What makes a good photo and a great photo have quite a big difference. For me, a good photo is that everything has been done well. It’s a good composition, there’s a nice subject, it’s exposed correctly and it’s nicely edited. But a great photo, a great photo tells a story. That story might not be visible to anyone else who is seeing it other than the artist, but the story is what takes me back to certain photos that I love the most. They hold amazing memories and the photo might not necessarily be directly linked to that memory. For example, I look at a photo I took in New Zealand – just of a lake and the surrounding mountains on the South Island. To most people, that’s just a really nice, peaceful scene. To me, it reflects the memory of the 12 hours I spent in Wellington Airport, the day before, because the flights were cancelled with fog. And then the effort it took to get to South Island and the taxi ride it took to catch up with the Kiwi bus that was going to take me to that spot the next day. When I finished editing that photo, it was just a relief that I had made it through that ridiculously stressful day, to create one of my favourite ever pieces.

Where has been your favourite place to photograph?

That depends on the style I’m trying to work with. The most picturesque, amazing place would have to be New Zealand for me – the lakes and the mountains. But that was at a time when all I was really doing was landscape photography and since then, my style has developed more into cityscapes and night photography. For that, Edinburgh has been just the perfect place to be. There’s so many amazing places to explore and find new spots and ways to capture.

What is/are your favourite photo(s)? And why?

That’s a tough one. I have so many I love for so many different reasons. As I said, so much of it is about the story. I don’t necessarily think that my favourite photos are my best photos. I would point to that one that I took in New Zealand that I talked about earlier. It’s a nice photo and it means a lot to me. A photo I took at Flinders University of the sunset reflected in the lake is another favourite of mine. Throughout my time there, I had been obsessed with trying to get that perfect sunset shot. I had been there for 4 and a half months and it was the week before I left when I went out for a walk and I found a spot by the lake. But it didn’t look like the sunset was going to come. I decided to give up and as I was walking away from the spot, the sky was suddenly a crazy mix of yellow, red and orange and I ran back and the light only lasted 30 seconds before it vanished again. That’s what it’s all about – I was lucky enough to be there for that one moment where it happened.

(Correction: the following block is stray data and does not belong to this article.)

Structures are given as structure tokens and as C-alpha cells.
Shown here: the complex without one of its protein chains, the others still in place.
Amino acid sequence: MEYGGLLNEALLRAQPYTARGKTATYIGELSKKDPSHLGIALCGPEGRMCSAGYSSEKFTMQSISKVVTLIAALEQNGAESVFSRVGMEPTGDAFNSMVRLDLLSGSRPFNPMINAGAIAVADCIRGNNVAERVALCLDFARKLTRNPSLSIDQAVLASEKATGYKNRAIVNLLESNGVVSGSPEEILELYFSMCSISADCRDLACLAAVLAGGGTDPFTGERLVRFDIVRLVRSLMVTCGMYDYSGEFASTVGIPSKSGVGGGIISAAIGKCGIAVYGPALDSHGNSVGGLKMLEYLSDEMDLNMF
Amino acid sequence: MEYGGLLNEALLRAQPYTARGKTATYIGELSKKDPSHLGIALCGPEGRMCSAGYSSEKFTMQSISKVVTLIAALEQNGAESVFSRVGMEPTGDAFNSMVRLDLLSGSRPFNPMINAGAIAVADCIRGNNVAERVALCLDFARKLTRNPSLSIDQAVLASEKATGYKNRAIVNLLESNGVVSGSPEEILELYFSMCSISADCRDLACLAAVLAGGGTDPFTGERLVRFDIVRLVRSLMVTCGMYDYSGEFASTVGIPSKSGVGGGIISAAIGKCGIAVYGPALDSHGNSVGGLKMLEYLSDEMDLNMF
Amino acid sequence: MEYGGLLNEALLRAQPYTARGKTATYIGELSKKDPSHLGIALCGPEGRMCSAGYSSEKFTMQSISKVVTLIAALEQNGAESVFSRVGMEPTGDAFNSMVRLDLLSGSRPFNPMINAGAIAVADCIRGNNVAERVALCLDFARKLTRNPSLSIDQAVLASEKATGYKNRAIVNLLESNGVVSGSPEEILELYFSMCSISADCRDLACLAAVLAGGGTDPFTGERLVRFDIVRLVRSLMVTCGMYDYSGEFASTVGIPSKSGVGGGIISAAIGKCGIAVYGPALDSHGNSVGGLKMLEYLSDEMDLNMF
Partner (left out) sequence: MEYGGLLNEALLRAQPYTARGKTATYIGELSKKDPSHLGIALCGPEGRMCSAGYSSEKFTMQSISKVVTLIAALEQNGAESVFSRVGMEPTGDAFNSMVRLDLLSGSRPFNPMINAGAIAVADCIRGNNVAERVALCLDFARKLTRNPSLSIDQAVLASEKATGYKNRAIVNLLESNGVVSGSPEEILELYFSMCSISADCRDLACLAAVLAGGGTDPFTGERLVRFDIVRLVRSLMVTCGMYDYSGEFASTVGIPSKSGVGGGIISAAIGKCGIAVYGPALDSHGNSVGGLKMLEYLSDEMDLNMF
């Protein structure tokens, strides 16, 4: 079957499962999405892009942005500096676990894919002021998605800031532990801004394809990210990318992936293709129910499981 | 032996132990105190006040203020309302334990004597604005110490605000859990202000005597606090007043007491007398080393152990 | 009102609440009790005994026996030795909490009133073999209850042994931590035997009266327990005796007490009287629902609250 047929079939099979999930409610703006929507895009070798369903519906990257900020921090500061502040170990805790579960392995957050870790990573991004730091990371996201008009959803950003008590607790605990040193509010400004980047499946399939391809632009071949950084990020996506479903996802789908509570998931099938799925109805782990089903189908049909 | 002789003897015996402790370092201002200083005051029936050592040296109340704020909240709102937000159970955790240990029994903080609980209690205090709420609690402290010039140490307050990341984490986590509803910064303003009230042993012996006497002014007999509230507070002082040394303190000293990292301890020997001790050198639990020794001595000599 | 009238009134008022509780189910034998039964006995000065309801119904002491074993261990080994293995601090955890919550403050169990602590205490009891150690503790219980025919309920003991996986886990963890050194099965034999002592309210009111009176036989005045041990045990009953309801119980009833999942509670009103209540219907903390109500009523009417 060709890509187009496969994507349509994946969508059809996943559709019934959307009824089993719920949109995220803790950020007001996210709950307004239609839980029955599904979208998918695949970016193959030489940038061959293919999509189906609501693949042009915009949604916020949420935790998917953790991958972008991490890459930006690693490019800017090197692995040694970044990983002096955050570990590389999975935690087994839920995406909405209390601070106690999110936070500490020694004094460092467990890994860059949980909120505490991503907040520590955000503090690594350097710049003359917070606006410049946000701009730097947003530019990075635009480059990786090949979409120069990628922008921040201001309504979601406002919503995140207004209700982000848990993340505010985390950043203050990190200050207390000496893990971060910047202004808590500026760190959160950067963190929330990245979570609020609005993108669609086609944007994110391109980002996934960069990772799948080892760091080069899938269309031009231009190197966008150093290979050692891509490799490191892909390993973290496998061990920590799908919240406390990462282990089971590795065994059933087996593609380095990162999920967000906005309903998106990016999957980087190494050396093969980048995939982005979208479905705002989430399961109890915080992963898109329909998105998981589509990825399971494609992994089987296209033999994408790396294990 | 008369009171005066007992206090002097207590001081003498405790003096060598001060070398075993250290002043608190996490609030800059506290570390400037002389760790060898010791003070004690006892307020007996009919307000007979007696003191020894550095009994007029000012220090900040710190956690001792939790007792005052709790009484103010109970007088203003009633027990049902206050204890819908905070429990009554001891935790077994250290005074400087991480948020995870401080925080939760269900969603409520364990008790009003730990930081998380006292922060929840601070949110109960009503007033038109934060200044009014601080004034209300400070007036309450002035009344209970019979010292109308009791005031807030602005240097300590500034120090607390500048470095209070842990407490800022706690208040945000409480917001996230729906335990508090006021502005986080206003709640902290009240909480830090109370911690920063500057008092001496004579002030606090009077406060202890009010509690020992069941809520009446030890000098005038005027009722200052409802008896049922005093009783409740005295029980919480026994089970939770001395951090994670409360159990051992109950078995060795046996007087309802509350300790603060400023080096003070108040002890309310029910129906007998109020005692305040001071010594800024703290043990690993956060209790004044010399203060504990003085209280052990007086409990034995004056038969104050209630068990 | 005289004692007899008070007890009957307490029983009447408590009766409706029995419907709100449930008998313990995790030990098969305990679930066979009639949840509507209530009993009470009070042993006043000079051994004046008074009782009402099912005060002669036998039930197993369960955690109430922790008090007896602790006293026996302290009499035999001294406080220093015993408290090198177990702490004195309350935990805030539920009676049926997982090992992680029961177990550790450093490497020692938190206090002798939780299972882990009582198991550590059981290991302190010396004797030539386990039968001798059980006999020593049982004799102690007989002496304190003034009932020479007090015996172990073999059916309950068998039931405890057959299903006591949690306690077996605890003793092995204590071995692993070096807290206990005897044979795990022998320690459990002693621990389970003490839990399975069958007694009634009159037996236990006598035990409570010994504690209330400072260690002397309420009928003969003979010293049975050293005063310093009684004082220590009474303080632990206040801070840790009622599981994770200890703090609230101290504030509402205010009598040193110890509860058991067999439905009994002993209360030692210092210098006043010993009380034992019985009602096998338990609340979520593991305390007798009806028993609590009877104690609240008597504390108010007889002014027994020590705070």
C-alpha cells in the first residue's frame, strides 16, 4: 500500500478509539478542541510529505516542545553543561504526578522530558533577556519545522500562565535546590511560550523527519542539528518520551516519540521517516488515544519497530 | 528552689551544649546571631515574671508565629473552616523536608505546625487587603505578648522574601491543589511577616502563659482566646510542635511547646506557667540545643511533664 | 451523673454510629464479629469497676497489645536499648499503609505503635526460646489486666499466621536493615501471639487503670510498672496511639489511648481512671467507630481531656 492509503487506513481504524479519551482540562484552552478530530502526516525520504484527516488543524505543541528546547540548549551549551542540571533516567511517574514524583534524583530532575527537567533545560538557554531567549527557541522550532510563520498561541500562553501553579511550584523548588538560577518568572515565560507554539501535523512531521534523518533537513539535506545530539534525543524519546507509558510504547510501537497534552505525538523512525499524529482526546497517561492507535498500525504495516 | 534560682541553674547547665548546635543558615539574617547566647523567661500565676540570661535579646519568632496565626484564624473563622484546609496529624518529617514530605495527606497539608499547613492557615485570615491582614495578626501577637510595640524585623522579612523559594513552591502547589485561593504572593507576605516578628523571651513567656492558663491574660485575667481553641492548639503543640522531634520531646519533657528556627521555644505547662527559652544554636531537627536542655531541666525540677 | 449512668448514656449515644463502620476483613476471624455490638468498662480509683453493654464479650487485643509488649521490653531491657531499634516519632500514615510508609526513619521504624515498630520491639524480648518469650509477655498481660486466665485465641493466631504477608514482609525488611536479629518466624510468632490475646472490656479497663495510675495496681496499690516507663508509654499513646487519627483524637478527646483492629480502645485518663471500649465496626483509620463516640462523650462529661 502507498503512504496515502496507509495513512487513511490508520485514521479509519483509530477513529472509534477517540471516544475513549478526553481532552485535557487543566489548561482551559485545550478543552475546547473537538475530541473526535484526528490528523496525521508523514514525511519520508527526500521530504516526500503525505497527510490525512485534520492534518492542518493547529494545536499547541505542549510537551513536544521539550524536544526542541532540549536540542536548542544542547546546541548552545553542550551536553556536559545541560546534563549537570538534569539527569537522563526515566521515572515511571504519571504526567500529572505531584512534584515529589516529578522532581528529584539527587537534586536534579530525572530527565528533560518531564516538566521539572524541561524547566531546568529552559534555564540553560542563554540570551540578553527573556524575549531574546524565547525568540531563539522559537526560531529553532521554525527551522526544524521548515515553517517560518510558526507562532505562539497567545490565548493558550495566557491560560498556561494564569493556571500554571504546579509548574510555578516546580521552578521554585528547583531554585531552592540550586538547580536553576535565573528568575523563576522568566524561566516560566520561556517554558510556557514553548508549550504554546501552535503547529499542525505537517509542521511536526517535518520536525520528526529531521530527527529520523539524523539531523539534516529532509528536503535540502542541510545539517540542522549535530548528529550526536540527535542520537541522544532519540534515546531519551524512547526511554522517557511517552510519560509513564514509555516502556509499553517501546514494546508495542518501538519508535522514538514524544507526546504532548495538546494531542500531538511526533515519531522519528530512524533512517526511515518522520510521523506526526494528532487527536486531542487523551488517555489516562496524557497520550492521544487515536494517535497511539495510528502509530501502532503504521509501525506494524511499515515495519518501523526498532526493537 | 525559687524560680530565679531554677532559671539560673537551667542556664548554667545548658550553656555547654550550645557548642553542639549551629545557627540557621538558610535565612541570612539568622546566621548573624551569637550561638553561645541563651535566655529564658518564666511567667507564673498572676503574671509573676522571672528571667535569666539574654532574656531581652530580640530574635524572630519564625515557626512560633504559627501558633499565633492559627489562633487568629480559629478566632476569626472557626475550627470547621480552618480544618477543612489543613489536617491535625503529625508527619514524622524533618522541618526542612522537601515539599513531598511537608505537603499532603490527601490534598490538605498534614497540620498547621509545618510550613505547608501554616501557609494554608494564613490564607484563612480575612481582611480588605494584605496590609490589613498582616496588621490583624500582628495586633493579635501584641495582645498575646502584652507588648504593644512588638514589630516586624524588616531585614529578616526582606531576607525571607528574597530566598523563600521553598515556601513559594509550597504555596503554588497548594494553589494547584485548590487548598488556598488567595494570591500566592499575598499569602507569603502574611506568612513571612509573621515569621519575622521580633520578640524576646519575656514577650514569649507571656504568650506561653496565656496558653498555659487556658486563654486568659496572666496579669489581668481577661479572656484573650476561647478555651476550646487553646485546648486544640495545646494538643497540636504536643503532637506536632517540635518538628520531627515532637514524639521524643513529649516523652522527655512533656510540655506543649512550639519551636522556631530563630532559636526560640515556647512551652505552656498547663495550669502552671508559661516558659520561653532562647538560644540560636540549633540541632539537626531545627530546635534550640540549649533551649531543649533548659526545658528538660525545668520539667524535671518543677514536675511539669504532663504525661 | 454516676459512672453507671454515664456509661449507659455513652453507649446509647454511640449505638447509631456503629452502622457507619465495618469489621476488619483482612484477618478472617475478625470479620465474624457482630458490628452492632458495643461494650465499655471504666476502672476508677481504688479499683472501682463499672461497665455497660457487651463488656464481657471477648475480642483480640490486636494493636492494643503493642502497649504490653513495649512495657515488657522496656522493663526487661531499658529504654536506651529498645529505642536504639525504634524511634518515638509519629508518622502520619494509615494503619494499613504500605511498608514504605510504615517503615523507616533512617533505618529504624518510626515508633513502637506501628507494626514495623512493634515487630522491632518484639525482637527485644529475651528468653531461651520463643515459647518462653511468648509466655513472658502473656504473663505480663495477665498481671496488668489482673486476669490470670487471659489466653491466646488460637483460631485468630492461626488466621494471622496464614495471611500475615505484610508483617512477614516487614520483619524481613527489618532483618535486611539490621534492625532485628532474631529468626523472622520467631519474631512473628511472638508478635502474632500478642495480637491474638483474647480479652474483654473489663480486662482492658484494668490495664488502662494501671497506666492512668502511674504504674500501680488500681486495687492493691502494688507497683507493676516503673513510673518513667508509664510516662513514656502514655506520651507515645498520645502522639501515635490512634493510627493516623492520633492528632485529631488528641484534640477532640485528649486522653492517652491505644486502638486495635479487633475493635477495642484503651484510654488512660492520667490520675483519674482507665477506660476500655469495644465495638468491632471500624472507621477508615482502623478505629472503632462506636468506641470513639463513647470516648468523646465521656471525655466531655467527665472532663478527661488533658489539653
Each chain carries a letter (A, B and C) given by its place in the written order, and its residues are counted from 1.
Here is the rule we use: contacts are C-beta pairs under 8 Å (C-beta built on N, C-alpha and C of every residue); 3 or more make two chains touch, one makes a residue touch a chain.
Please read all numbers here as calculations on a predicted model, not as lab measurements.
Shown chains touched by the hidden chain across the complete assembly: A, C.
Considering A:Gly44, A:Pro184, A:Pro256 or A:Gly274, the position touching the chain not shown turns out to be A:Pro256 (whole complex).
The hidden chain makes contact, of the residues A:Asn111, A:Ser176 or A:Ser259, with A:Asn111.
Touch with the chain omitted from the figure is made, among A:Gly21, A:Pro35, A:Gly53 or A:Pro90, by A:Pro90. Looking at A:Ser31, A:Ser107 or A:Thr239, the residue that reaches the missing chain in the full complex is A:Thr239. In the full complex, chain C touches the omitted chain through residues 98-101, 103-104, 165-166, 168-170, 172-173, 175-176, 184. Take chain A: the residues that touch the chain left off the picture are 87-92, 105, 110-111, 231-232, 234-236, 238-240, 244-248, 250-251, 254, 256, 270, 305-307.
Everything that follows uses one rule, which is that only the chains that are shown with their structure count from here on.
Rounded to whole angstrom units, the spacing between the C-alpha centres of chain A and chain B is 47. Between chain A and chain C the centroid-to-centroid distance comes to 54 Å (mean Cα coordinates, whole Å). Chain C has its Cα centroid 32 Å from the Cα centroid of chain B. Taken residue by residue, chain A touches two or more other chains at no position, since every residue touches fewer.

Finally, the last one is definitely a favourite – but I don’t think it’s one of my best – a photo taken at Keele University. It was the first successful DSLR photo I ever took (taken in January 2020). It took a couple of attempts to get it right – I had the idea of viewing Keele Hall through a reflection in a puddle, but actually shooting it was harder than I anticipated. I didn’t know my camera as well as I do now. It took 2 nights in a row and persevering with it, out in the cold, to make it work. It wasn’t the easiest thing to edit either. It was the first time I got a real reaction on Instagram. I was contacted by the University to see if they could use it for marketing and for a future prospectus – that was a really significant moment for me.

Where and what next? 

I think there is a lot of scope for where I can go with this, For me, the most important thing is the art itself, rather than the business side of things. I want to just keep taking photos that I love and also enjoy the process. I’ve got a long list of things that I want to try out and shoot in Edinburgh. I actually came up with an idea last night, that I’ve never done before and that I’ve never seen anyone else do. I’m excited to test it out because it could be really interesting – it’s still true to my style, but shot in an unusual way.

In terms of what else I want to do, I want to travel to places where there are new opportunities to tell stories. I want to revisit places to take better photos. Next year, I’m going to launch a new website and expand my product line a little. I want to keep building on the success I’ve had recently and keep up with people’s interest in my photos.

You can see Greg’s full portfolio on his Instagram or visit his website at

Phil Miller

Phil Miller has just graduated with a first class BA (hons) in English Literature. He is now reading for an MRes Humanities under the supervision of Dr Katie Halsey and Dr Emma Macleod, which seeks to look at 18th-Century perceptions of Radical literature, key figures of the epoch and British literary reactions to the French Revolution. Outside of academia, Phil is particularly passionate about the politics of globalisation and political rhetorical strategy. He writes from a centrist outlook.

Phil founded The New Collection in 2017, but after a period of living in Australia, alongside the culmination of his undergraduate study, The New Collection only became what it is today in late 2020. The idea is for people to be able to come and write about what empowers them, about hope and change and what’s going on in the world. It’s a place to come and tell your story.

Find me on: Twitter | Instagram